In 2003, Sims rented Norman Osbourne’s barn in Lexington and filled it with horses. He had many customers and things were starting to feel comfortable when a great opportunity arose for him. In September of 2005, a “knock at the door” came for Sims. Terry and Georgia Lunsford ask him to come to their farm, Greystone Farm, in Nicholasville, Ky., to work. Both families agreed that it would be nice and convenient for everyone.
Terry and Georgia Lunsford purchased Greystone Farm in the early 80s. Georgia and Terry both grew up with horses. Georgia showed Saddlebreds and Terry showed walking horses. They would show together on the same night. The Lunsfords’ children, Terry Logan and Andrea, are both very active in the show ring and have been since an early age. These two individuals have earned many high point wins, as well as wins at the Kentucky Celebration, Ashville, N.C., and others for more than 20 years. They enjoy showing under the direction of Sims. Three horses that are in training with him are ones that he trained while at J & H Stables.  They include, I’m The Intimidator who is owned by the Vice family of Carlisle, Ky., Color Me Crazy, who is owned by Ronnie Sexton of Carlisle, and Smooth Skies, who is owned by the Steinmetz family of Louisville and Nicholasville, Ky.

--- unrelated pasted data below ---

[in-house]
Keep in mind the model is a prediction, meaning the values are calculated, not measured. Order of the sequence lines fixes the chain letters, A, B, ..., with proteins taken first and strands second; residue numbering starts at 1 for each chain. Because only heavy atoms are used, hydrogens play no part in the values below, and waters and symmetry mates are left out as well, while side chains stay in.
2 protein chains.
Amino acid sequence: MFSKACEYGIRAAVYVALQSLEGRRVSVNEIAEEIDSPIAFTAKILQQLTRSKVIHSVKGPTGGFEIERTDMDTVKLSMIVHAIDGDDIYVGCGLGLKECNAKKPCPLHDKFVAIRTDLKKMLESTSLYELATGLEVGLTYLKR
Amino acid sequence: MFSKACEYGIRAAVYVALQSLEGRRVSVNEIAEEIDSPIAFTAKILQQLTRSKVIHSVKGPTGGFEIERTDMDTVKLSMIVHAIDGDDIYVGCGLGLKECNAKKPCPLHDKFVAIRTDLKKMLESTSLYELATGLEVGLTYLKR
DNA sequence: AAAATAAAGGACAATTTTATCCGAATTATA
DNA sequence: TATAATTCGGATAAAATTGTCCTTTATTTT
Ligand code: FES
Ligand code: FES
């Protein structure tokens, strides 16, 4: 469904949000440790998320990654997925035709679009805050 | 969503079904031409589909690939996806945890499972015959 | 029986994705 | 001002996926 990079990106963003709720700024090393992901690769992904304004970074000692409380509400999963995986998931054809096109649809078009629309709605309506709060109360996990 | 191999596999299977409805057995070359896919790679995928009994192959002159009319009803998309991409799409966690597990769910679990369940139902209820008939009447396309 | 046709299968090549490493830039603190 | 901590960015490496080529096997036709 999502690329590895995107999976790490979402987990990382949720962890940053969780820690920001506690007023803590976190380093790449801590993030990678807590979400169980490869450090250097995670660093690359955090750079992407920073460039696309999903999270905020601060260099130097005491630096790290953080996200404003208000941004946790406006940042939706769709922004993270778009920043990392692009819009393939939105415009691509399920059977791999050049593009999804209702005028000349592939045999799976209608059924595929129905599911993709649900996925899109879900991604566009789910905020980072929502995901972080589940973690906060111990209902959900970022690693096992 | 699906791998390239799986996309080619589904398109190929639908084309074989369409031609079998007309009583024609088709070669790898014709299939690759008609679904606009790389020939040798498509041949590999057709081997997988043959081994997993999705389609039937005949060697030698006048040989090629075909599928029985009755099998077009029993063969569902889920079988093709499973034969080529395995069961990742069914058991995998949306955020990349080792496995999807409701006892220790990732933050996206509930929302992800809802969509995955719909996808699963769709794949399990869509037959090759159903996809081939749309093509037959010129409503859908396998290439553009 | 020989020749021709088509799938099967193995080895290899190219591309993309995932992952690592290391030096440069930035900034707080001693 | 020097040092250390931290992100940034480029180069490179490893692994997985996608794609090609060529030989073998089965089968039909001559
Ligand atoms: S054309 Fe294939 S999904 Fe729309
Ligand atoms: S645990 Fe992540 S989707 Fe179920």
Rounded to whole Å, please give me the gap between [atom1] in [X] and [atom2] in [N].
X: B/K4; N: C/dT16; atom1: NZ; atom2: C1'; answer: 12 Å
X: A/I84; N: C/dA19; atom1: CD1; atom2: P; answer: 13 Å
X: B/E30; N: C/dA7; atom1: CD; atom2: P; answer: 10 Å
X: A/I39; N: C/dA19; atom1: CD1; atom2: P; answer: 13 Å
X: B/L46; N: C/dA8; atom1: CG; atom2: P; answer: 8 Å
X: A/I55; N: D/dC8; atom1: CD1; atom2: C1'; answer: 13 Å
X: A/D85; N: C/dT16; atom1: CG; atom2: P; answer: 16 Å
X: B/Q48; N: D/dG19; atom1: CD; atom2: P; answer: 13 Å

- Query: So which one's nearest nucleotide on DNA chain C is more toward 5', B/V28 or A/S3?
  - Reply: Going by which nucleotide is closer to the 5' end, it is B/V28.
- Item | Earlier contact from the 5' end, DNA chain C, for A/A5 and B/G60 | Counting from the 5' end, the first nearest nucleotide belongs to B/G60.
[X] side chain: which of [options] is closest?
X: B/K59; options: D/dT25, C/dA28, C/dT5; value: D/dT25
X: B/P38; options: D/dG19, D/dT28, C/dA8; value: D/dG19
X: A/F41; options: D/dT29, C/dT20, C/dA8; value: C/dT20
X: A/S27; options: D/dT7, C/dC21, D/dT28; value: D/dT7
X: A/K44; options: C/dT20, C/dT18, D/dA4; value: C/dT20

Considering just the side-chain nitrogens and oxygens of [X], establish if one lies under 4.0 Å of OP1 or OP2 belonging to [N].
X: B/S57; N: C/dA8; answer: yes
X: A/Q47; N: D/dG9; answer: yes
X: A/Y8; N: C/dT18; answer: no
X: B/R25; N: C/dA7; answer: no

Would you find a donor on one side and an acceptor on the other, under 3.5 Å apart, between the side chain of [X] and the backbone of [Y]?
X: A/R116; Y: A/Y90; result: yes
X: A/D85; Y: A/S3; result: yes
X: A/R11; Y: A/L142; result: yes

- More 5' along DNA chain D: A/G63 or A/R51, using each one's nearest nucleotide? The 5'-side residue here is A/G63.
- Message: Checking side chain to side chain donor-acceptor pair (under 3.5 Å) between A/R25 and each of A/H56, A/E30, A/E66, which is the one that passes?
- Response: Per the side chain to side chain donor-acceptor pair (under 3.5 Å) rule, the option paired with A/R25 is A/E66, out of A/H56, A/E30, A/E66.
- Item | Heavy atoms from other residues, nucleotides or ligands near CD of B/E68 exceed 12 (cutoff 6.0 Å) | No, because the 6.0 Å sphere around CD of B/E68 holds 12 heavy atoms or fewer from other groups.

Sims feels best about his work when he starts a colt and then he finishes it out with top honors, as he did in 2006 with All Cash On Demand. Sims started the Cash colt and took him to the Celebration for Mark and Mona Vice. They sold the colt after qualifying him for the two-year-old division and he was exhibited by Brenda Bramlett, who directed him to the Two-Year-Old Reserve World Grand Championship.
Sims has now been married 18 years and resides in Nicholasville, Ky., with his wife, Shannon, and their two children, Nicholas and Shelby. Nicholas is 15 years old and enjoys working around the barn. He also maintains a 4.0 grade point average in school. Shelby is nine years old and rode her first mount at the age of two. Nicholas and Shelby showed their first horse, Foxy, in the lead line class. Foxy was four years old when they purchased her; she is now 28 years old and is still in the family’s pasture.
            Sims’s dream is to watch one of his children win at the Celebration. In 2007, Shelby will show Smooth Skies in the 11 and under division and Nicholas will cheer her on from the sidelines.
In Sims’s spare time, he likes to go deer hunting and bowling. The Sims family also enjoys going to their vacation home on Lake Cumberland in the summer to relax.
Terry Sims is thankful for the many opportunities that he has been given and feels that he has accomplished a great deal.
Sims now has 36 horses in training at Terry Sims Stables at Greystone Farm and couldn’t be more eager to be as involved in the walking horse industry as he already is. His ambition is to be successful and to contribute to the horse industry as much as he can and he is not far from doing so.